It’s no secret that when the ponds and lakes freeze over, waterfowl head to the only sources of open water left before finishing the move south. Being on these sources of open water can be highly productive for a hearty waterfowler. Rivers are a good bet, but there are other sources of open water you shouldn’t overlook.
Every year when the regulations and season dates were released, the same thing kept popping up. There was a late two-day duck season in January. Not all that uncommon, except this was northern Michigan and by that time, there was a pile of snow and trucks parked on the lakes. We usually hit the bigger rivers and did okay, but we were never alone.
Then one year, while deer hunting in late November, I came upon a creek not more than 10 feet wide at its widest spot. I thought this might be a good spot to find deer, but instead I found ducks. I came back a few weeks later during that late season and sure enough, there were still ducks there. Big, fat black ducks.
This kind of hunting was full-on, commando-style, sneak-attack jump shooting. You need good, warm waders that are puncture-resistant because you’re going to be crawling creek banks and over fallen trees. I’ve tried several, but tend to go with Cabela’s Ultimate Hunting Waders. If there is a lot of snow, snow camo works well. Travel light, carrying only ammo and a few necessities.
You’re going to get cold and wet, but the hunting will be thrilling from start to finish. We found that as we slowly crept downstream, the birds would push in front of us. The trick was to apply just enough pressure to them to get them to jump in front of you.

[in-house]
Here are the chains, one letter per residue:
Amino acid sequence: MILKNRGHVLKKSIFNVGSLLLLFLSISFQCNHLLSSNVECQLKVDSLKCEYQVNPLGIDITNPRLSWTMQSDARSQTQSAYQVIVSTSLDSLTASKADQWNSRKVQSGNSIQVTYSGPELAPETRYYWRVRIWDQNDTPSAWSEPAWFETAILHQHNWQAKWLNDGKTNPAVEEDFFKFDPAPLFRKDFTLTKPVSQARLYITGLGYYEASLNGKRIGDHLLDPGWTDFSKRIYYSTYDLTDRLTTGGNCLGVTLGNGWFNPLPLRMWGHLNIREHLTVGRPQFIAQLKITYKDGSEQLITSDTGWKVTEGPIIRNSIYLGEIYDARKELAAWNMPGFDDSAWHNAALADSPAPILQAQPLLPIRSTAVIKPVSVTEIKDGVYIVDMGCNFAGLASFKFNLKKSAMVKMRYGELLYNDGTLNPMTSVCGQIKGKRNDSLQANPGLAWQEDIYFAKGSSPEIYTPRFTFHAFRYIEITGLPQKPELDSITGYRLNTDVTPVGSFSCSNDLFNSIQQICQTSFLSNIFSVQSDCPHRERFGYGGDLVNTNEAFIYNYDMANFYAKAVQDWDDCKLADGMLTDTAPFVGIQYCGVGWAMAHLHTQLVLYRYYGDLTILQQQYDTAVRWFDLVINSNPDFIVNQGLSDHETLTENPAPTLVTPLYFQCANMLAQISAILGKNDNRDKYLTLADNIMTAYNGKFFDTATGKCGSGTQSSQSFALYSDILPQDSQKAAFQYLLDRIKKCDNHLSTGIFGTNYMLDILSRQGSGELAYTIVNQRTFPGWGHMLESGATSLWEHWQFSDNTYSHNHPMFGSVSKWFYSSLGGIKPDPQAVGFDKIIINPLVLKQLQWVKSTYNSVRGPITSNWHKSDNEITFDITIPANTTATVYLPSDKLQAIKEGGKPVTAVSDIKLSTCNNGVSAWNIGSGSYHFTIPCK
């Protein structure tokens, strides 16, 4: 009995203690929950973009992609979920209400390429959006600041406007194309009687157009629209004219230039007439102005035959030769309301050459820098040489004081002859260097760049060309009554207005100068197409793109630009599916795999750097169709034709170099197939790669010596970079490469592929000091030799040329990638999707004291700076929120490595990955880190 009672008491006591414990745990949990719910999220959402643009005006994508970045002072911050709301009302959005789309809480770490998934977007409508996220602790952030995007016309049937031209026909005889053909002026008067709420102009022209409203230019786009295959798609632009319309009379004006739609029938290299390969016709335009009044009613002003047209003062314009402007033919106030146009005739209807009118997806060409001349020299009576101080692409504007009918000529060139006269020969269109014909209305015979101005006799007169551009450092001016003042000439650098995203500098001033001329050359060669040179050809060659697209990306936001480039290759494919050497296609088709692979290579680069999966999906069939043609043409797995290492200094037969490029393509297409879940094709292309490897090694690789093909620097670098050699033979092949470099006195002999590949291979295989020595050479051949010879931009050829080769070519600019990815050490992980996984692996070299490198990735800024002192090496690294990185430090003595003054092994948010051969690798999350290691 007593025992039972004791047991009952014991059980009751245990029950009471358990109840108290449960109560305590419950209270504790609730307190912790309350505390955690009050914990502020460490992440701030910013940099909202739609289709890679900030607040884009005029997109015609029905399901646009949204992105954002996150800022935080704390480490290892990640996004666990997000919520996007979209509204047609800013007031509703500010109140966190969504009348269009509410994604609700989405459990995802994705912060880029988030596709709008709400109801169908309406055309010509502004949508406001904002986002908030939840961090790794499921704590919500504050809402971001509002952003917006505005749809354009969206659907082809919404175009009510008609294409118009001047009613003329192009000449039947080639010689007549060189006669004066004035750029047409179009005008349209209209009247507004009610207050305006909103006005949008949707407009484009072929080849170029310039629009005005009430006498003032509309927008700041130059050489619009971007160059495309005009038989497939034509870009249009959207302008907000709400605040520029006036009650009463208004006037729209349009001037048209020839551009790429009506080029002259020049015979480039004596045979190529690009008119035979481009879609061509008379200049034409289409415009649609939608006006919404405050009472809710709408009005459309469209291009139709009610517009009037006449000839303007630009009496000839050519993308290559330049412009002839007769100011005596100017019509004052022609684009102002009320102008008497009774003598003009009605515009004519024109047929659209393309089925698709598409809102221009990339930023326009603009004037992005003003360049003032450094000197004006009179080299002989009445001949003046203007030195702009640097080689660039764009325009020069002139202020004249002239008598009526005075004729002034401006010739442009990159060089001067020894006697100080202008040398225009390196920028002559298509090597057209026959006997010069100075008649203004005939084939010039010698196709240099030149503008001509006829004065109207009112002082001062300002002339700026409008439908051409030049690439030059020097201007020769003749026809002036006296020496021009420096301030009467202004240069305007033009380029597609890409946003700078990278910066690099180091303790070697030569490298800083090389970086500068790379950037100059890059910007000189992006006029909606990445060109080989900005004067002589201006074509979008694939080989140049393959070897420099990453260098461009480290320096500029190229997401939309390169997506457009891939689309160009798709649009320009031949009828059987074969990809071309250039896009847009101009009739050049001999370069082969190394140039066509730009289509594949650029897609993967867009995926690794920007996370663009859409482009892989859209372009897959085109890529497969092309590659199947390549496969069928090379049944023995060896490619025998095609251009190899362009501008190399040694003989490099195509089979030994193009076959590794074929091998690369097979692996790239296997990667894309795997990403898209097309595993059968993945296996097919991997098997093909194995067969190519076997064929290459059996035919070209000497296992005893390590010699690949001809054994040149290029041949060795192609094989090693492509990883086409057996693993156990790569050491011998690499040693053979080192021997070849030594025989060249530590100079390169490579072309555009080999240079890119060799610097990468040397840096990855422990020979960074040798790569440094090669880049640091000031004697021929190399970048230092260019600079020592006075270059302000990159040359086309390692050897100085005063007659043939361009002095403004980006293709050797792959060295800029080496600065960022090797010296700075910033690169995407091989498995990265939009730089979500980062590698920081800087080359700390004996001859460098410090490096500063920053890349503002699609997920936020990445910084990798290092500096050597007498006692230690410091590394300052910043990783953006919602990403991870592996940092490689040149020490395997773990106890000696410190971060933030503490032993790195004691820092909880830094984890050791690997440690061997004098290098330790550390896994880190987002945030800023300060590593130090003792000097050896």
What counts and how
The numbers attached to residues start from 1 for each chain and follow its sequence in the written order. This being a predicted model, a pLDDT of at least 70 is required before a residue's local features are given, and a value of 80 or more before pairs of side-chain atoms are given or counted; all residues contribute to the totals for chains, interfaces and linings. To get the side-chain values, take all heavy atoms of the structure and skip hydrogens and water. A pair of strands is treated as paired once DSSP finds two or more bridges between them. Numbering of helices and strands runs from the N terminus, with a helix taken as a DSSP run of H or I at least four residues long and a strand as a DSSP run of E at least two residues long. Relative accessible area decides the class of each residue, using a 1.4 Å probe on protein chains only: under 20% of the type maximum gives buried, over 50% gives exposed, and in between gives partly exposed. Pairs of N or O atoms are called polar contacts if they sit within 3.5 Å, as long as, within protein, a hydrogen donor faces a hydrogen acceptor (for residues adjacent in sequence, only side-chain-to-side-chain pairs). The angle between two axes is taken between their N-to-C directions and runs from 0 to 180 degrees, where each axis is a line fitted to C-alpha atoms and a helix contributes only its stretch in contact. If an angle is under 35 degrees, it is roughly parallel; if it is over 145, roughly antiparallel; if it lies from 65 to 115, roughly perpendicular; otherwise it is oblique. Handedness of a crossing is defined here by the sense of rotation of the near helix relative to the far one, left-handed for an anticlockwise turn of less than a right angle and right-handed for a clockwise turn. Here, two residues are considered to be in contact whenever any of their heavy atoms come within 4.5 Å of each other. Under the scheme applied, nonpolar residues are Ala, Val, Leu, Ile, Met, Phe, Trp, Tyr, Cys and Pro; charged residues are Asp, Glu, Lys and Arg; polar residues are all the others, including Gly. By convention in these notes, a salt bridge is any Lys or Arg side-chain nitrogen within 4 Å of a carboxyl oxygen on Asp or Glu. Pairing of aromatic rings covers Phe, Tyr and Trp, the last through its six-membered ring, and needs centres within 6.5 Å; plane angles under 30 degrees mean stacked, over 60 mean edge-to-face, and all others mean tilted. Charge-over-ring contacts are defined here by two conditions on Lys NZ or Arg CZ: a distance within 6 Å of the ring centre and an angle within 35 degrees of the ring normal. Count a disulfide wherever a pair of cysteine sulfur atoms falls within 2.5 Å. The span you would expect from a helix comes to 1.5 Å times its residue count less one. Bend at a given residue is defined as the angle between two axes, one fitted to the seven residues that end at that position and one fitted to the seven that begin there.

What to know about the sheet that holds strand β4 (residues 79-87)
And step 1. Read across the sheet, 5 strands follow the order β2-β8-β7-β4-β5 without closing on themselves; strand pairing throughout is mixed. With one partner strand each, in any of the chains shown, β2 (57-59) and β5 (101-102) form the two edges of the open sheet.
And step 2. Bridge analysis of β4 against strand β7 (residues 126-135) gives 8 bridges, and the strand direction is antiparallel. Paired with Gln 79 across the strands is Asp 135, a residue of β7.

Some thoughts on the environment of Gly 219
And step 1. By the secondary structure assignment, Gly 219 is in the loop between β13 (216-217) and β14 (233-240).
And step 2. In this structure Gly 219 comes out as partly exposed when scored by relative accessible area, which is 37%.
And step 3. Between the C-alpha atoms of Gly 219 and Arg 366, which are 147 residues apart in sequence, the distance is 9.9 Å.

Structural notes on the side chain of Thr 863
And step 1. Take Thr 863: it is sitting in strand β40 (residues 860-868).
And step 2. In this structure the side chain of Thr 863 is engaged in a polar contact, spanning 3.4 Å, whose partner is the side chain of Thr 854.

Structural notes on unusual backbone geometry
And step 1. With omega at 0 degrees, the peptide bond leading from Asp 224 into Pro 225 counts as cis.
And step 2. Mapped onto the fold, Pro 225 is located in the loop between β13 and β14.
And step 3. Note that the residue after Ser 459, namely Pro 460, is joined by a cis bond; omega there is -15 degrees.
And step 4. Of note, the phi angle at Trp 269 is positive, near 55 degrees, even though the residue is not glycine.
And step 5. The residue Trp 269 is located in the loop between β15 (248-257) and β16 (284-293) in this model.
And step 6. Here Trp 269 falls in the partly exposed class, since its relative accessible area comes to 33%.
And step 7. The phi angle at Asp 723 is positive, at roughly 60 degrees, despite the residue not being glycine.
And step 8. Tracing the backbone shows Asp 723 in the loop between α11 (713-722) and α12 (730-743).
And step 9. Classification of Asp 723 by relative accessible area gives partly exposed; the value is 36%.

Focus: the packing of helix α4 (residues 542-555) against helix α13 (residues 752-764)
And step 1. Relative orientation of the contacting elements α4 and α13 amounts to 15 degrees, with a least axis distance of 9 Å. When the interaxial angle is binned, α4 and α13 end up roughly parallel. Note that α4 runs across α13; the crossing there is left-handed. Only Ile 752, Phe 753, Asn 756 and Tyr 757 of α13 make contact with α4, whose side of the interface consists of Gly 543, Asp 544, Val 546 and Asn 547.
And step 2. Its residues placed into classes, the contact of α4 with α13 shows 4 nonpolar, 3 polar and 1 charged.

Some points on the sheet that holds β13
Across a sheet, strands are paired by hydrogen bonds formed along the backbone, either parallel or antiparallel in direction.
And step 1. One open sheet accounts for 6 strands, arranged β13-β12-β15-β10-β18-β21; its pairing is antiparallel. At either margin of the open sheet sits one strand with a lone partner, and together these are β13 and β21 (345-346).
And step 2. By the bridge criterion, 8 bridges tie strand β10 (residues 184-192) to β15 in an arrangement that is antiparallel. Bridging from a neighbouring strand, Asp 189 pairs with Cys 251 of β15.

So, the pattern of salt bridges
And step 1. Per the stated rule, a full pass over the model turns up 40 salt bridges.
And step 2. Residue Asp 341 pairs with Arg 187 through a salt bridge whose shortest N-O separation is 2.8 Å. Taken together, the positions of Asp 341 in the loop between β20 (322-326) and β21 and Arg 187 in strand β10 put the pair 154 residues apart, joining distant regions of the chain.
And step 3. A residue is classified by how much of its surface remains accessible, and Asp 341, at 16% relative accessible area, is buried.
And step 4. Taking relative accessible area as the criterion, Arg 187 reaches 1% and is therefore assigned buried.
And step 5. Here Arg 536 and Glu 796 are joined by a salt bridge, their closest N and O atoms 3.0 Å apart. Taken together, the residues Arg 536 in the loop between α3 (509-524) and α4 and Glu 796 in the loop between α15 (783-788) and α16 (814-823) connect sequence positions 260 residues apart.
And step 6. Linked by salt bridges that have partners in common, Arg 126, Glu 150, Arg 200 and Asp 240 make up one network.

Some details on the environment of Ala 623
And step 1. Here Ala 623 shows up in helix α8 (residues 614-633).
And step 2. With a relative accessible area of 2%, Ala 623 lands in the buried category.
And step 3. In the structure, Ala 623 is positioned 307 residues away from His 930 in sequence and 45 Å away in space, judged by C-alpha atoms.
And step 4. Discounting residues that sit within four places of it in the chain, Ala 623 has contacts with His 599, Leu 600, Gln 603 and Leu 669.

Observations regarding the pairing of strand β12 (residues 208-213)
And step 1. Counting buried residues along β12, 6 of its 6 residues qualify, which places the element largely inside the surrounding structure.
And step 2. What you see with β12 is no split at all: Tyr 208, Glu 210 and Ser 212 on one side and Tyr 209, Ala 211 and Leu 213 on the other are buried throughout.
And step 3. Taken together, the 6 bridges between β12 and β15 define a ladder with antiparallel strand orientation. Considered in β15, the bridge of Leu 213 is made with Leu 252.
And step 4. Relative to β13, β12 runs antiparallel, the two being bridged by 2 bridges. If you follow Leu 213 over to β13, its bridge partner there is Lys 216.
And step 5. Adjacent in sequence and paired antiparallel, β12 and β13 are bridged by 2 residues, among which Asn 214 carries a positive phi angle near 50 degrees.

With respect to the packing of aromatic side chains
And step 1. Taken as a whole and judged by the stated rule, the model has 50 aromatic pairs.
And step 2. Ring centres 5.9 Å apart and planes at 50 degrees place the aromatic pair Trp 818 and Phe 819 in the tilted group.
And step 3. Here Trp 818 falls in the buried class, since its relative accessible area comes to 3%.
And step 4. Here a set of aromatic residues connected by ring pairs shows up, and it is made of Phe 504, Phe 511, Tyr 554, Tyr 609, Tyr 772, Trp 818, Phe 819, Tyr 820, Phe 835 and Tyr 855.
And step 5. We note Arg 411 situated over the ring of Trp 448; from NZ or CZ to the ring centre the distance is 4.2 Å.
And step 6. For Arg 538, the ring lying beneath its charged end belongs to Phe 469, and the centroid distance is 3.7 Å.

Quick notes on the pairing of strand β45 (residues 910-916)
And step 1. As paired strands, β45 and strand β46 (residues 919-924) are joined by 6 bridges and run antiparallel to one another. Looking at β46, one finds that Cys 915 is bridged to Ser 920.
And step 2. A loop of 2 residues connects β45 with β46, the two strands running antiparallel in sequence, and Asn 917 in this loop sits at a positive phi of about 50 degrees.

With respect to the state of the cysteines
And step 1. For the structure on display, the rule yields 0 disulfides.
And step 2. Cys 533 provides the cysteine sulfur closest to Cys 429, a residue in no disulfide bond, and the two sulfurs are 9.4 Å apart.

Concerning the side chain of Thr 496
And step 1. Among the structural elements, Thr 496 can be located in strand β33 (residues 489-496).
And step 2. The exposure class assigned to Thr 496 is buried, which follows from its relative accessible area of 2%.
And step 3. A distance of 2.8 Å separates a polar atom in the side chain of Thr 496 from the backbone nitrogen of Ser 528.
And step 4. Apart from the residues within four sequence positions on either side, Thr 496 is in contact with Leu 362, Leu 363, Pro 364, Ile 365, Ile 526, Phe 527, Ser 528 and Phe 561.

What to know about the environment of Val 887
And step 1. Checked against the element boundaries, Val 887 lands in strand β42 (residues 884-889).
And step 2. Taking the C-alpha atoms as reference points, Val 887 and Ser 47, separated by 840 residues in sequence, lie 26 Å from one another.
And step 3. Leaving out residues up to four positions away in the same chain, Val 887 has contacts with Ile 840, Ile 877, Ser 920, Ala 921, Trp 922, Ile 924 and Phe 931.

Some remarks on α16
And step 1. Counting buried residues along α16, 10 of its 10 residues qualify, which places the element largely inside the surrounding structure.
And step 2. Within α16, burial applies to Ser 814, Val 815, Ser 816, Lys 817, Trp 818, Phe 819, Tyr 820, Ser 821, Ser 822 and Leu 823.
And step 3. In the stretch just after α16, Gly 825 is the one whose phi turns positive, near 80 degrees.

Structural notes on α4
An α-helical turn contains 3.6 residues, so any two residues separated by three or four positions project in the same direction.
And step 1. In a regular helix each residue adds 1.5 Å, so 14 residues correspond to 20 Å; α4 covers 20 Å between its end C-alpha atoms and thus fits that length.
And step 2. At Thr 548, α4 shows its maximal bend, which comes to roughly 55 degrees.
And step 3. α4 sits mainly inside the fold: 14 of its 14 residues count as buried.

We found that having a blocker did not work, as the birds would get too nervous too quickly and leave the area. If we worked them slowly and steadily, they would jump closer to us and only move a short way downstream from us, allowing for a second stalk if someone missed. At the time, the limit on black ducks was one per day — so we did put in a lot of time getting our one duck limit, but it was sure worth it.
There is such a thing as being in the right place at the right time. For late-season ducks, I think this is more the rule than the exception. When there is a hard freeze yet the rest of the weather is reasonably mild, this type of hunting can work. If things get too rough, weather-wise, it’ll drive birds out of the area faster than you can imagine.
A few years ago, I had the pleasure of being on a late-season fishing trip in Alaska with my cousin. We were going to go after the monster trout that come in after the salmon eggs. As luck would have it, I hit it so that we were going to go out right after the first hard freeze in the area. It is by no means an exaggeration when I say we saw thousands of ducks as well as a few dozen tundra swans. For several hours, I sat in a boat and at no time was there less than a dozen ducks including pintails and mallards sitting more than 20 yards from me. And I had only a fishing pole in my hands. While I did catch some truly amazing trout, I have vowed to return some day with my shotgun.
When the temps are dropping and the lakes and ponds freeze, keep in mind there are still ducks to be had for the waterfowler who is prepared. Scout out spots early, keep a journal of where you think they’ll be and keep a keen eye on the weather.
Be prepared for quick shots and sparse ducks, but you can and will be rewarded with some of the most memorable hunting you’ve ever had. And isn’t that what it is all about anyway?